Each POWER9 processor operates at 3.07 GHz and supports simultaneous execution of two vector single-precision operations. In other words, each core can execute 16 single-precision floating-point operations per cycle. At 3.07 GHz, this works out to 49.12 gigaFLOPS of peak theoretical performance per core. A full node has a little under 1.1 teraFLOPS (DP) of peak performance from the CPUs and around 47 teraFLOPS (DP) from the GPUs. Note that there is a slight discrepancy between our numbers and ORNL’s. Buddy Bland, OLCF Program Director, informed us that their peak performance for Summit only include the GPU’s peak performance numbers because that’s what most of the FP-intensive code will use to achieve the highest performance. In theory, if we were to include everything, Summit actually has a higher peak performance of around ~220 petaFLOPS.
Every node has a 1.6 TB of NVMe Flash adapter and a Mellanox Infiniband EDR NIC attached.
|Full Node Capabilities|
|FLOPS (SP)||1.081 TFLOPS
22 Ã— 49.12 GFLOPS
3 Ã— 15.7 TFLOPs
2 Ã— 22 Ã— 49.12 GFLOPs
6 Ã— 15.7 TFLOPs
|FLOPS (DP)||540.3 GFLOPS
22 Ã— 24.56 GFLOPS
3 Ã— 7.8 TFLOPs
2 Ã— 22 Ã— 24.56 GFLOPs
6 Ã— 7.8 TFLOPs
|AI FLOPS||–||375 TFLOPS
3 Ã— 125 TFLOPs
6 Ã— 125 TFLOPs
|Memory||256 GiB (DRR4)
8 Ã— 32 GiB
|48 GiB (HBM2)
3 Ã— 16 GiB
|512 GiB (DRR4)
16 Ã— 32 GiB
|96 GiB (HBM2)
6 Ã— 16 GiB
8 Ã— 21.33 GB/s
|900 GB/s/GPU||341.33 GB/s
16 Ã— 21.33 GB/s
There are 18 compute nodes per rack along with a Mellanox IB EDR Switch. Using a dual-rail Mellanox EDR IB interconnect, the nodes are connected in a three-level non-blocking fat-tree. Each node is equipped with dual-channel Mellanox InfiniBand ConnectX5 (IB EDR) NIC which supports 100 Gbps of bi-directional traffic. This card sits in a PCIe Gen4 shared x16 slot which is directly connected the two processors via x8 lanes. This enables each CPU to have direct access to the InfiniBand card, reducing bottlenecks.
With 18 nodes, each rack has 9 TiB of DDR4 memory and another 1.7 TiB of HBM2 memory for a total of 10.7 TiB of memory. A rack has a 59 kW max power and a total of 864 TF/s of peak compute power (ORNL reports 775 TF/s).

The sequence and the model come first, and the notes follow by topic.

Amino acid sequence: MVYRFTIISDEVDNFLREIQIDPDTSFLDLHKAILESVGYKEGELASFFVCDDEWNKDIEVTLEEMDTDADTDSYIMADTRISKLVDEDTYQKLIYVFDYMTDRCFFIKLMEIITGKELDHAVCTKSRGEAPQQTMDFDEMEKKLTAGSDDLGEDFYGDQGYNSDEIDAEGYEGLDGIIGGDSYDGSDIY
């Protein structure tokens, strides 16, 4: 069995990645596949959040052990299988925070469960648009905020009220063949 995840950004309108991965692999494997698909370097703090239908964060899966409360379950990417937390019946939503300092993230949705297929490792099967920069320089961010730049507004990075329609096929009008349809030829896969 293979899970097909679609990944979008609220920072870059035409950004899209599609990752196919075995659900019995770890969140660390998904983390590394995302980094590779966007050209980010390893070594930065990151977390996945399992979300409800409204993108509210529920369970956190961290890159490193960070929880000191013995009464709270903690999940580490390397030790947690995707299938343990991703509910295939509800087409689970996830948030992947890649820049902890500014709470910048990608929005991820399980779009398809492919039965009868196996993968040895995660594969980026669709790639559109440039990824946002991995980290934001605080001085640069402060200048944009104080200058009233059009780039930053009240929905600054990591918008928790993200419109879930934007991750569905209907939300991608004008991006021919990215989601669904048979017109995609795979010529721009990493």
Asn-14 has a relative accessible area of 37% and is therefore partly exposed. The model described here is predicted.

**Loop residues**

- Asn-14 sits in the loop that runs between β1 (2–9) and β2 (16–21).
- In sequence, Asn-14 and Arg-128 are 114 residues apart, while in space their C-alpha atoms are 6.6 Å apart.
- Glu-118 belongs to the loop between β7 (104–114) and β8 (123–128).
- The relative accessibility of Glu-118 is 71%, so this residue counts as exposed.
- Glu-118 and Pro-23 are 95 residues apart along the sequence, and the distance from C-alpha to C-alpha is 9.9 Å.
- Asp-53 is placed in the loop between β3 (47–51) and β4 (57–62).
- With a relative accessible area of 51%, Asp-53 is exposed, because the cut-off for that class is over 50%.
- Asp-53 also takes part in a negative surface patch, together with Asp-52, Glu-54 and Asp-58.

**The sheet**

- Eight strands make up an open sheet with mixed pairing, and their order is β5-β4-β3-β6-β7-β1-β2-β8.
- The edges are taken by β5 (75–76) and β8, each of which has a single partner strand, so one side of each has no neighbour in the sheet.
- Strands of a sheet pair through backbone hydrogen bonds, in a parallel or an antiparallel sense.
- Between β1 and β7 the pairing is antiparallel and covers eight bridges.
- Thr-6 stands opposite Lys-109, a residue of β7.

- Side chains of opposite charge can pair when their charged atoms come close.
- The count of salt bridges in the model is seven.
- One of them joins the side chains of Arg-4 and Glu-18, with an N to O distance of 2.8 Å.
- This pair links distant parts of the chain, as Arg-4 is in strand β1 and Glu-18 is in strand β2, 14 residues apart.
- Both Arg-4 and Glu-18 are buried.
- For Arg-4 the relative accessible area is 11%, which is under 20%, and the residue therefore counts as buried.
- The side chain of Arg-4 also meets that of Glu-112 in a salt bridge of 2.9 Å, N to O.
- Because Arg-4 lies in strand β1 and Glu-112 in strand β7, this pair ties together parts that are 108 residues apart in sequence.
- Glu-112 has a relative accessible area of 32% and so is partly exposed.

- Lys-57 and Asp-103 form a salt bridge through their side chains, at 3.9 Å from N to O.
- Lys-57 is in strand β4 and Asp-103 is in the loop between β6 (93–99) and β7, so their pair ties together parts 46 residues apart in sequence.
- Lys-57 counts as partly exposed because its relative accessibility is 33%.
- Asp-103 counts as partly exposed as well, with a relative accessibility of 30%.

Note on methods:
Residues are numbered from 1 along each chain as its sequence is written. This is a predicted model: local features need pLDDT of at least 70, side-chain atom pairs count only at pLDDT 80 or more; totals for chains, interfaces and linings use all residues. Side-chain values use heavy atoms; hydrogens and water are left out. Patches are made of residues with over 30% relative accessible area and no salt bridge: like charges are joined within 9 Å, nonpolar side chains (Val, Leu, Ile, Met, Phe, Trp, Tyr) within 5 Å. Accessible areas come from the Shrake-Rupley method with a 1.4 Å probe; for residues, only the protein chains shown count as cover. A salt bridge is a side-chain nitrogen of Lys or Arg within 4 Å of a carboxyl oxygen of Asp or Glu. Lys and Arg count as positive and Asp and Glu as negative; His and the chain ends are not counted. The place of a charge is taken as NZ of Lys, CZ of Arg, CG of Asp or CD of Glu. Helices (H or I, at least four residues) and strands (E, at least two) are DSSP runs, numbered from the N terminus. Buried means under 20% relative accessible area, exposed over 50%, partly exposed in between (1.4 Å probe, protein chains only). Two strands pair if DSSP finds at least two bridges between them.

The full Summit supercomputer has 256 compute racks, 18 switch racks, 40 storage racks, and 4 infrastructure racks.
|Type||AC922||SSC (4 ESS GL4)||Mellanox IB EDR|
|Count||256 Racks Ã— 18 Nodes||40 Racks Ã— 8 Servers||18 Racks|
|Power||59 kW||38 kW|
|Summit, Peak Performance|
2 Ã— 18 x 256
6 Ã— 18 x 256
|Peak FLOPS||9.96 PF||215.7 PF|
|Peak AI FLOPS||3.456 EF|
|Node||512 GiB||96 GiB||1.6 GB|
|Summit||2.53 PiB||475 TiB||7.37 PB|
ORNL reports slightly more conservative numbers at around 200 PF and 3.3 EF peak performance for the GPU. Of course, peak performance is not the most interesting part. Real workload performance is far more important. Initial testing by ORNL has managed to achieve a peak throughput of 1.88 exaops of mixed precision while analyzing genomic data. This workload exploits the V100 tensor core matrix multiplication capabilities and is the highest performance reported to date.
The official TOP500 list will be announced in Frankfurt, Germany later this month (June 24-28). Assuming there are no surprises from China, Summit is expected to take the number one spot, dethroning the Sunway TaihuLight. Summit is also expected to do well on the Green500 list. However, due to its lower network injection bandwidth, Summit will have a hard time beating the K computer on the Graph500 list.
ORNL has uploaded a Summit timelapse video.
Path to Exascale
Summit is yet another stop on the way to Exascale. ORNL is expected to upgrade to a new Exascale supercomputer named Frontier. Frontier will have a theoretical peak performance of over 1,000 petaFLOPS or more appropriately defined as having 50-100x real application performance of Titan. In other words, Frontier should have around 5-10x the application performance of Summit.